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Grilled Greek Chicken

This method of grilling a whole chicken is so foolproof that I don’t know why I don’t do it more often. It is simple to take out the backbone with kitchen shears and then flatten the bird. You end up with an evenly cooked, gorgeously browned chicken, here infused with the bright flavors of lemon and fresh herbs.–Fred Thompson

LC Learn to Spatchcock! Note

The foolproofness–not to mention the brilliance–of this recipe lies not just in its perky marinade, but in the aforementioned technique of taking the backbone out, which enables you to flattening the bird and which, in turn, ensures the bird cooks evenly on the grill. This is known as “butterflying” the bird, presumably because the spread-out hen resembles a butterfly (well, sort of, a little, um, maybe after a few beers…). If you’re in Great Britain or the Land Down Under, you’ll also hear this technique referred to as “spatchcocking” (we won’t delve into the etymology of this term, although we will divulge that we do like to say it!). Whatever you call this nifty trick, after you try it once, you’re going to want to do it again. And again. And again. A word to the wise (and the spatchcock-obsessed): a pair of sturdy kitchen shears will make much quicker work of the task than even your trustiest chef’s knife, though the latter comes in handy after you pull the chicken from the grill and need to divvy up the chicken parts.

Grilled Greek Chicken Recipe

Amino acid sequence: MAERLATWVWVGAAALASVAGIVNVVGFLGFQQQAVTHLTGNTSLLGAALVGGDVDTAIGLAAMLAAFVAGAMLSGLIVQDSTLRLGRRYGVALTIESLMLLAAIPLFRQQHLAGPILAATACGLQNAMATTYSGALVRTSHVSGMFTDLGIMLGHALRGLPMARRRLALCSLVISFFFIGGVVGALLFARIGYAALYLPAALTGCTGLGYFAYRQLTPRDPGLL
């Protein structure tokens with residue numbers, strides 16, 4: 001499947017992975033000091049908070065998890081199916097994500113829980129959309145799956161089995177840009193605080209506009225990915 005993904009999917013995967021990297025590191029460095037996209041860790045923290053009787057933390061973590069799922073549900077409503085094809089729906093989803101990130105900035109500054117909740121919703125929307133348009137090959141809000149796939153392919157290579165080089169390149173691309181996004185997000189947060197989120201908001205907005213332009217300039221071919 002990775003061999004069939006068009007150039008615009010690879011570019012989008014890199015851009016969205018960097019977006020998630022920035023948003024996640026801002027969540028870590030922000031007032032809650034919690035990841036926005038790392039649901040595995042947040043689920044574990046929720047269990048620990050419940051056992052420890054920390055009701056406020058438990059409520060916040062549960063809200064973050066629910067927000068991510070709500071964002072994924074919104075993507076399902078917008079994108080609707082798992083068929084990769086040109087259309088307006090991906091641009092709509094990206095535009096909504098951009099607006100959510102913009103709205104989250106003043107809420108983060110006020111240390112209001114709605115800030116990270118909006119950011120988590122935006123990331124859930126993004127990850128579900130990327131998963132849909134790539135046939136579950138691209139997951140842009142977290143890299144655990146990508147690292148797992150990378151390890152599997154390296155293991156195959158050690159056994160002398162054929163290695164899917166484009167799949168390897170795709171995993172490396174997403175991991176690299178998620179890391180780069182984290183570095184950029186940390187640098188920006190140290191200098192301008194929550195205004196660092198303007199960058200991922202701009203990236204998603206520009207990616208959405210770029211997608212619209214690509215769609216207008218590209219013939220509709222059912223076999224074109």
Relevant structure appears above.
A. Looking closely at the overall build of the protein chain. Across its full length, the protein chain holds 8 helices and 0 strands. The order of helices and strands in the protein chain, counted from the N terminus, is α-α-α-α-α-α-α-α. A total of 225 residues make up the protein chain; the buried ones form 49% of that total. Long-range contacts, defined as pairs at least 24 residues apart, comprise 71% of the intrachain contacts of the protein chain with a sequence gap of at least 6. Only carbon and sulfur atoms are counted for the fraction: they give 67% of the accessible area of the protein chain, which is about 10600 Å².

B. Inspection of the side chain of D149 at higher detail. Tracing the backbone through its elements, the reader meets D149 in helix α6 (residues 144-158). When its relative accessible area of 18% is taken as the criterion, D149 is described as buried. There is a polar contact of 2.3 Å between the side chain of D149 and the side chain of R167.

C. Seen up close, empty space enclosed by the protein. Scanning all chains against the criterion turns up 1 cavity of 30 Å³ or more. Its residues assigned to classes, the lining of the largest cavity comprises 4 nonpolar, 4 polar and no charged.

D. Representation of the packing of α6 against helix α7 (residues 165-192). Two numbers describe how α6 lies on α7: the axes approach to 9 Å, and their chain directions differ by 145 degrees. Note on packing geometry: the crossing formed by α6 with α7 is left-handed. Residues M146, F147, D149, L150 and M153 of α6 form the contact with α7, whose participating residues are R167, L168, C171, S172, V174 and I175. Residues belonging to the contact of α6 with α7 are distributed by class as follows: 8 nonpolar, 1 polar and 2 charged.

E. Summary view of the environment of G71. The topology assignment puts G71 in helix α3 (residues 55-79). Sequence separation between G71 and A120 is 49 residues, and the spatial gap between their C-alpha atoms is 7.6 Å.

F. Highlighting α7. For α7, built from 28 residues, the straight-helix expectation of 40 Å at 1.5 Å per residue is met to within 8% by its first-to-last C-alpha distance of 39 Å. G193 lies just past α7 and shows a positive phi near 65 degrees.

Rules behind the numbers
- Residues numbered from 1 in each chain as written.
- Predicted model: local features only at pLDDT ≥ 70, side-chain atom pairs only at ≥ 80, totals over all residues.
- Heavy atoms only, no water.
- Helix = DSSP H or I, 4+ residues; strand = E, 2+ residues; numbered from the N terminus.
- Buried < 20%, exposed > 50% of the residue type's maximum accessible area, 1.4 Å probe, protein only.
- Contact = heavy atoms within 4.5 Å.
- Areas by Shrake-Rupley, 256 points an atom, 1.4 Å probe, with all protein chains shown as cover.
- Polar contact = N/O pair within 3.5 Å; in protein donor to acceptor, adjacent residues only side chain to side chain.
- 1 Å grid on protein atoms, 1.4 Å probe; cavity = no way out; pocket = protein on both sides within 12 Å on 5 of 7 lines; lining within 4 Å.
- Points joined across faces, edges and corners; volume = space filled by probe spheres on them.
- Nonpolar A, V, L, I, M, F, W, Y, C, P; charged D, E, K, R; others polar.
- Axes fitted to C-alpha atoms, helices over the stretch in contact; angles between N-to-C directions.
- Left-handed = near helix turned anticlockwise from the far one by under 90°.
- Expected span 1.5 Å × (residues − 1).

• Quick Glance
  • 15 M
  • 55 M
  • Serves 4 to 6

Ingredients

  • 1 whole chicken (3 to 4 pounds), neck and giblets removed
  • Kosher salt and freshly ground pepper
  • Greek Marinade
  • Oil for the grill rack

Directions

  • 1. To make the grilled Greek chicken, place the bird, breast side down, on a cutting board. Using kitchen shears or a large knife, cut along one side of the backbone from tail to neck. Pull open the bird, then cut along the other side of the backbone and discard the backbone or save it for stock. Turn the chicken breast side up and open it as flat as possible, as you would a book. Press down firmly on the breast to break the breastbone—you will hear and feel popping—and flatten the chicken
  • 2. Season the chicken generously on both sides with salt and pepper. Place the chicken in a large resealable plastic bag so that it lies flat or place it in a baking dish or other large container. Add the marinade and seal the bag, squishing the marinade around the chicken, or turn the chicken to coat. Refrigerate for at least 24 hours and up to 48 hours. (The longer the better.) Be sure to turn the bag or chicken several times while the chicken is marinating.
  • 3. At least 30 minutes before you’re ready to grill, remove the chicken from the refrigerator. Drain and discard the marinade. Pat the chicken dry.
  • 4. Prepare a charcoal or gas grill for indirect grilling over medium heat. If using charcoal, bank the lit coals on one side of the grill bed, and place a drip pan in the area without coals. If using gas, preheat the burners, then turn off 1 or more of the burners to create a cooler zone. The temperature inside the grill should be 350º to 375ºF (180º to 190ºC). Brush and oil the grill grate.
  • 5. Place the chicken, skin side down, over the direct-heat area of the grill. Cook for 12 to 15 minutes. Turn and continue cooking until an instant-read thermometer inserted into the thickest part of a thigh, away from the bone, registers 170ºF (77ºC) or the juices run clear when a thigh joint is pierced with a knife tip, 15 to 25 minutes more, depending on the size. If the chicken begins to burn, move it to the indirect-heat area of the grill for a little more time.
  • 6. Transfer the grilled Greek chicken to a cutting board, tent it loosely with aluminum foil, and let rest for 10 minutes. Cut into serving pieces and serve at once.
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